A Thank You to Kid’s Club Participants!

A big thank you to all who participated in this month’s kids clubs! Young people are an integral part of social justice movements now and have been in our history. Together at the two different events kids and adult family members explored feelings and needs we all have, practiced empathy and talked about nonviolence and nonviolence action. Kids who attended these two events shared the way they are involved in changing the world and the social justice movements they feel most passionate about. Both kids club meetings were a success and now we are excited for their slightly older peers to join the conversation in our Nonviolent Action for Youth workshop, which is coming up on July 11th! In this workshop participants will learn just a few techniques of nonviolent action as well as some examples of youth-lead actions in peace and justice work. It is best suited for youth and young adults. Register online or call us at 863-2345 x6 to register over the phone. If you have questions you can also call us or send an e-mail to program@pjcvt.org.

A Participatory Reading of Frederick Douglass’ “The Meaning of the Fourth of July for the Negro”

As a community, we invite you to the steps of Burlington City Hall on the 163rd anniversary of Frederick Douglass’ speech to reconsider the meaning of racial justice and freedom through a historic lens as we celebrate our nation’s independence day. Help commemorate the day in which this great abolitionist delivered a powerful speech excepting himself from celebrating the signing of the Declaration of Independence.

In 1852, Frederick Douglass, one of our nation’s greatest orators and abolitionists, was asked to speak at an event commemorating the signing of the Declaration of Independence. Douglas, offended by the invitation, instead gave this provocative speech the following day, castigating the United States for decades of slavery and injustice.

In the speech he said, “This Fourth of July is yours, not mine. You may rejoice, I must mourn.” And he asked, “Do you mean, citizens, to mock me, by asking me to speak today?”

Check out this video with portions of last year’s reading:

Douglass’s speech remains emotionally powerful and thought-provoking more than a century and a half later and we invite you to read it with us.

The PJC is helping to organize the Burlington event on Thursday, July 2, at 5:30 on the Church Street side of City Hall. However, other community readings will take place throughout the state at a dozen locations from Brattleboro to Jeffersonville and Wallingford to St Johnsbury. All events are between July 1 and July 5. See the dates and places on the VT Humanities Council’s Calendar.

Copies of the speech will be provided and audience members are encouraged to partake in the shared reading of this influential speech. Audience members will be needed as well so please come whether you’d like to read or not.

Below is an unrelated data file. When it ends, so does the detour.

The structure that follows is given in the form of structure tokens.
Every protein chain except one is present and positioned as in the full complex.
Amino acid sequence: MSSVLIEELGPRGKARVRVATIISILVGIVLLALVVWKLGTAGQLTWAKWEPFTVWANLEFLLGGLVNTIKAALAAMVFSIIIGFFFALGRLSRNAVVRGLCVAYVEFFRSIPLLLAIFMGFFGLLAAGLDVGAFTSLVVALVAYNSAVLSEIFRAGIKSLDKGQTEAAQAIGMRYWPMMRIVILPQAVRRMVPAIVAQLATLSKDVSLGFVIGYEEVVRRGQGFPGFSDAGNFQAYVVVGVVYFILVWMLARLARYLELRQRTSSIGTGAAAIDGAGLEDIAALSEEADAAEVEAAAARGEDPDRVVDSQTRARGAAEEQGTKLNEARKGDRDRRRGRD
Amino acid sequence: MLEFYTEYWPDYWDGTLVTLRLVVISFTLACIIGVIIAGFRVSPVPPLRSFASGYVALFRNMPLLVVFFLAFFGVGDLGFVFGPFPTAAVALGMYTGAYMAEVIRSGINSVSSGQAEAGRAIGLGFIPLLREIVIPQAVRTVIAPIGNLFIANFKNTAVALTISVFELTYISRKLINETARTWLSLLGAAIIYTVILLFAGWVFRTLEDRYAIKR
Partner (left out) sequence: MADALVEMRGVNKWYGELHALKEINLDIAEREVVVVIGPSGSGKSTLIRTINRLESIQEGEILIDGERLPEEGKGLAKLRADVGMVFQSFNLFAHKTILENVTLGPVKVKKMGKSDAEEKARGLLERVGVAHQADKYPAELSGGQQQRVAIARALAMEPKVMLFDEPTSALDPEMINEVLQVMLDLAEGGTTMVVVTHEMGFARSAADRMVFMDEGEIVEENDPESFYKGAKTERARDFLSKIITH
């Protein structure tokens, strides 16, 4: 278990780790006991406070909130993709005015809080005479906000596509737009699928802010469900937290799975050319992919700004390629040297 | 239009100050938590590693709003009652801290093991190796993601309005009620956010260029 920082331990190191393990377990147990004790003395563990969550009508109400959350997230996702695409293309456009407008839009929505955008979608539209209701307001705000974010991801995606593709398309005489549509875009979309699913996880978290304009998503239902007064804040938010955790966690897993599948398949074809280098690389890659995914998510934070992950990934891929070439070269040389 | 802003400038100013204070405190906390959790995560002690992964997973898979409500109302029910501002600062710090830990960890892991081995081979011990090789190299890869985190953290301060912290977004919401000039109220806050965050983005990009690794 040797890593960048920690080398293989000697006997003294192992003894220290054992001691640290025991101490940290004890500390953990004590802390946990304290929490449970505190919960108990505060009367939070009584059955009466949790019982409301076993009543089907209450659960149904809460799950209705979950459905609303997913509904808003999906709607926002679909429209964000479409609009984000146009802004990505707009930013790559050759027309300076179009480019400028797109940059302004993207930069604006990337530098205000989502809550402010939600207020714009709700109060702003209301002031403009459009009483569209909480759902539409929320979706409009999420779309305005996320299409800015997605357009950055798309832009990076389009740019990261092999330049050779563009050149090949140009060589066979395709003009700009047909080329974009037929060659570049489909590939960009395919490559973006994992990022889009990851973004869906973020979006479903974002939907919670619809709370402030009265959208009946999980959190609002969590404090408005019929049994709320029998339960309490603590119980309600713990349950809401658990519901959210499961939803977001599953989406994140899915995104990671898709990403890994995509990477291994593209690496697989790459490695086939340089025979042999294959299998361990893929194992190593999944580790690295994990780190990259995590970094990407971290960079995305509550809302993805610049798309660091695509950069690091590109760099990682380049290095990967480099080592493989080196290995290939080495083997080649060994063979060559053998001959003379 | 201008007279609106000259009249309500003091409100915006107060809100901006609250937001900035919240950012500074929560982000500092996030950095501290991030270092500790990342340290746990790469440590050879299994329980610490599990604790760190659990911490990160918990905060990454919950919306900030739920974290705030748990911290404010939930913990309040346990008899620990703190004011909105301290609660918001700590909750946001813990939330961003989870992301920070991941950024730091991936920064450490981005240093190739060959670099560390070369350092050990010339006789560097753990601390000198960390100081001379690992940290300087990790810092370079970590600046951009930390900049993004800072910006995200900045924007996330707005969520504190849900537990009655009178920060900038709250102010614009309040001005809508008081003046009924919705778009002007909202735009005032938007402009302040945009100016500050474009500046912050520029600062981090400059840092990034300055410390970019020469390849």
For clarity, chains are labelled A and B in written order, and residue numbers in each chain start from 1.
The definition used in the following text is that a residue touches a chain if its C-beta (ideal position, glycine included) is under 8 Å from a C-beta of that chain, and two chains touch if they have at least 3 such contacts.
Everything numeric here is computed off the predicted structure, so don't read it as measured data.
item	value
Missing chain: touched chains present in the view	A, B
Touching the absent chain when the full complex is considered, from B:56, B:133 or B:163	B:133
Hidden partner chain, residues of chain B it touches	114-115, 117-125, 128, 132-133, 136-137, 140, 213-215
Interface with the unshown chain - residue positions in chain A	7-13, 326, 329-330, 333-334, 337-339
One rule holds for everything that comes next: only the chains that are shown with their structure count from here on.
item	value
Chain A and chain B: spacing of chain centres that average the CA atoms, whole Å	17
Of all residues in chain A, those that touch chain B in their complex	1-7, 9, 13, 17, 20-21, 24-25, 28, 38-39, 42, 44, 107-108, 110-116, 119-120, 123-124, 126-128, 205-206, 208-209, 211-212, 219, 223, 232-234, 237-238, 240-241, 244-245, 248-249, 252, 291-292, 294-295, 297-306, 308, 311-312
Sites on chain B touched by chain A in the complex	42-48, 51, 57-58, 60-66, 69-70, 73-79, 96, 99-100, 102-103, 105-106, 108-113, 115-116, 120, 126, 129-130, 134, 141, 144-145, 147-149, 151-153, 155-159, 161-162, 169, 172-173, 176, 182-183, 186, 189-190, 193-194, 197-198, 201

The Burlington event will be introduced by Denise Dunbar, Ph.D, Vermont Anti-Racist Action Team and Reading to End Racism Director, and is supported by the Peace & Justice Center, the VT Humanities Council, Partnership for Change, AALV, Young Writers Project, Community Change Inc., and PAUSE. For more information contact Kyle at 802-863-2345 X6.

VT Candlelight Vigil for Charleston Victims

There will be a silent candlelight vigil on tonight (June 19th) from 8:30 PM to 10:00 PM in front of the First Unitarian Universalist Society (top of Church St.) in Burlington for the victims of the Charleston massacre. This vigil is to remember and mourn the victims in solidarity with their families and the Black Lives Matter Movement. As Vermonters, we are not separate from any acts of violence against people of color in this country. We must mourn together, stay engaged together, and make change together! Rest in peace: Rev. Clementa Prinkney, Cythia Hurd, Rev. Sharonda Coleman, Tywanza Sanders, Ethel Lance, Susie Jackson, Dewayne Middleton, Myra Thompson, and Daniel Simmons. Please share this event widely and bring a candle and some to share if you can.

Loving Day Vermont: June 13th

As an interracial couple, here are a few reasons why  Loving Day, and the Supreme Court decision (Loving v. Virginia) that it commemorates, matters to us:

  • Prior to 1965, we could not have wed in Indiana, the state that our wedding was in and that our marriage license is from.
  • There is still opposition to our marriage from many, despite its legality.
  • We will soon be having a biracial child and want them to be proud of their mixed race heritage.
  • Vermont is one of only 9 states in the U.S. that did not at some point consider interracial marriage illegal.
  • There are many parallels between the fight for interracial marriage equality in the 1960’s and the fight for same-sex marriage equality today.

Our hope for this year’s Loving Day Vermont Celebration (the 2nd annual) is that the format of an open-mic story forum will encourage sharing and listening amongst our community. This ties Loving Day Vermont to the international Loving Day mission to “fight racial prejudice through education and build multicultural community.” We encourage you to bring your stories (about any way in which you identify with Loving Day or the Loving case), as well as your desire to celebrate!

Loving Day is a global network of events that commemorate the anniversary of Loving vs. Virginia, the 1967 Supreme Court case that legalized interracial marriage. Loving Day’s goal is to fight racial prejudice through education and build multicultural community. This event is brought to you in partnership with the Peace & Justice Center.

By Sarah Brown (Founder/Organizer) and Nicholas Glass (Co-Organizer)